World Economy

China Economy Strengthens on Government Spending

China Economy Strengthens on Government SpendingChina Economy Strengthens on Government Spending

China’s economy picked up steam last month, boosted by government infrastructure spending and property sales that are helping to stabilize growth.

A slew of data points reported Tuesday—from factory output to retail sales—showed rebounding economic activity in August after a wobbly few months, economists said, MarketWatch reported.

Industrial output rose 6.3% last month from a year earlier, accelerating from 6% in July, the National Bureau of Statistics reported. The pace slightly exceeded a median growth forecast of 6.2% by 15 economists surveyed by The Wall Street Journal. Investment in buildings and other fixed assets outside rural households climbed a better-than-expected 8.1% from the previous year in the first eight months of 2016, matching the increase seen in the year’s first seven months. Retail sales grew 10.6% last month compared with a 10.2% increase in July, beating a median forecast for a 10.1% rise in August.

“There’s all good data from China. It looks like the economy has stabilized somewhat,” said Commerzbank AG economist Zhou Hao.

Zhou and other economists said the brighter picture should allow the central bank to hold off on cutting interest rates and other forceful monetary easing. Such measures, while helpful to growth, could also fan speculation in the already hot property and bond markets and exacerbate debt and overcapacity problems. Government spending on infrastructure and rising property sales in major cities helped lift August’s better-than-expected industrial production figures, economists said. Housing sales moderated, though still rose 25.6% in the first eight months of the year from the same period a year earlier, the statistics bureau said Tuesday, compared with 41.2% growth for the first seven months.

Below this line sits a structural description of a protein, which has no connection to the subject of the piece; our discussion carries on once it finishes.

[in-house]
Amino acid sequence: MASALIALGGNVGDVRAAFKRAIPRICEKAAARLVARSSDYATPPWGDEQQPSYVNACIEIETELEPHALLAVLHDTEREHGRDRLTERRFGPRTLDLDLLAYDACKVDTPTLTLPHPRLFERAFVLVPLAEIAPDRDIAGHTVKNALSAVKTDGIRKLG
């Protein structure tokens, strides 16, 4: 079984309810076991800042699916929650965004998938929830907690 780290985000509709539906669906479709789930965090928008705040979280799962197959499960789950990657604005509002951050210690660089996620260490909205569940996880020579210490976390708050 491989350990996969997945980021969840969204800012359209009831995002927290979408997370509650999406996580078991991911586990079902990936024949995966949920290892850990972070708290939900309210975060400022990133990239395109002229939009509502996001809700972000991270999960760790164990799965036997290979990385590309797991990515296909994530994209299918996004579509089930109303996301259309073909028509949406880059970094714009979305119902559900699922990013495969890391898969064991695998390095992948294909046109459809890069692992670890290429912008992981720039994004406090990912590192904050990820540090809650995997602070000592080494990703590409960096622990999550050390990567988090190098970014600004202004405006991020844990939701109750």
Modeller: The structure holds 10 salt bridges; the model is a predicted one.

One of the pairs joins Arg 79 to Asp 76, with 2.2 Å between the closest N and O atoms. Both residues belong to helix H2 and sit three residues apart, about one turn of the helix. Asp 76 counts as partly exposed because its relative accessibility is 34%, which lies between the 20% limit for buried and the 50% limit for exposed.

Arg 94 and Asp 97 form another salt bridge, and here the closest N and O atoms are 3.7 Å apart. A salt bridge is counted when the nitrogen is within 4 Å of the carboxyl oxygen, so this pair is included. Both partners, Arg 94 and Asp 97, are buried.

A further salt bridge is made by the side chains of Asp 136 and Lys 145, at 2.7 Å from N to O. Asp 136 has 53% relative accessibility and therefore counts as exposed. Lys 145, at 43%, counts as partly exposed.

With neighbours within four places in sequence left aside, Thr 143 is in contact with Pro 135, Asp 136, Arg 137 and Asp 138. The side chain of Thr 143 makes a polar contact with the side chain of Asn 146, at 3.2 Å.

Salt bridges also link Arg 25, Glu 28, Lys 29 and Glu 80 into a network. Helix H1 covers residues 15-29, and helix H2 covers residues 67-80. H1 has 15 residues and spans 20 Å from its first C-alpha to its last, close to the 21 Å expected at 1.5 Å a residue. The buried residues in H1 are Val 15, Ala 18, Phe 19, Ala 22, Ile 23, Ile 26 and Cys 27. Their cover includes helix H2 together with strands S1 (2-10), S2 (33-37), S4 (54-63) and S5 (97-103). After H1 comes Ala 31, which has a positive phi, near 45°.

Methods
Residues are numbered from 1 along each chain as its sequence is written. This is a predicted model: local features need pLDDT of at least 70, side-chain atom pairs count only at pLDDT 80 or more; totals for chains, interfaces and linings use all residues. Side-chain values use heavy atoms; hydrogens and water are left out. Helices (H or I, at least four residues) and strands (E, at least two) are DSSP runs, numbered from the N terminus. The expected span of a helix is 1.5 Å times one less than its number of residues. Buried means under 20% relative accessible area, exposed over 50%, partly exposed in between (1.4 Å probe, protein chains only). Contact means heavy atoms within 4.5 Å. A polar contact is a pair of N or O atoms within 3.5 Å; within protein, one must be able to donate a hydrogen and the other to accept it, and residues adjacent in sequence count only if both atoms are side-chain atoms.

The cement, coal and steel sectors last month have all benefited from the robust spending on infrastructure and housing.

While the August data put China on course to hit its 6.5% to 7% growth target for the year, momentum is expected to weaken in the fourth quarter as property and infrastructure spending lose steam. Property investment and construction starts both expanded at a slower pace in the first eight months of the year than in the first seven months.

“Economic growth seems to have stabilized a little last month but is not on a solid footing yet,” said Bank of Communications Co. economist Liu Xuezhi. He adds that more fiscal support is needed to keep the economy on track over the near term.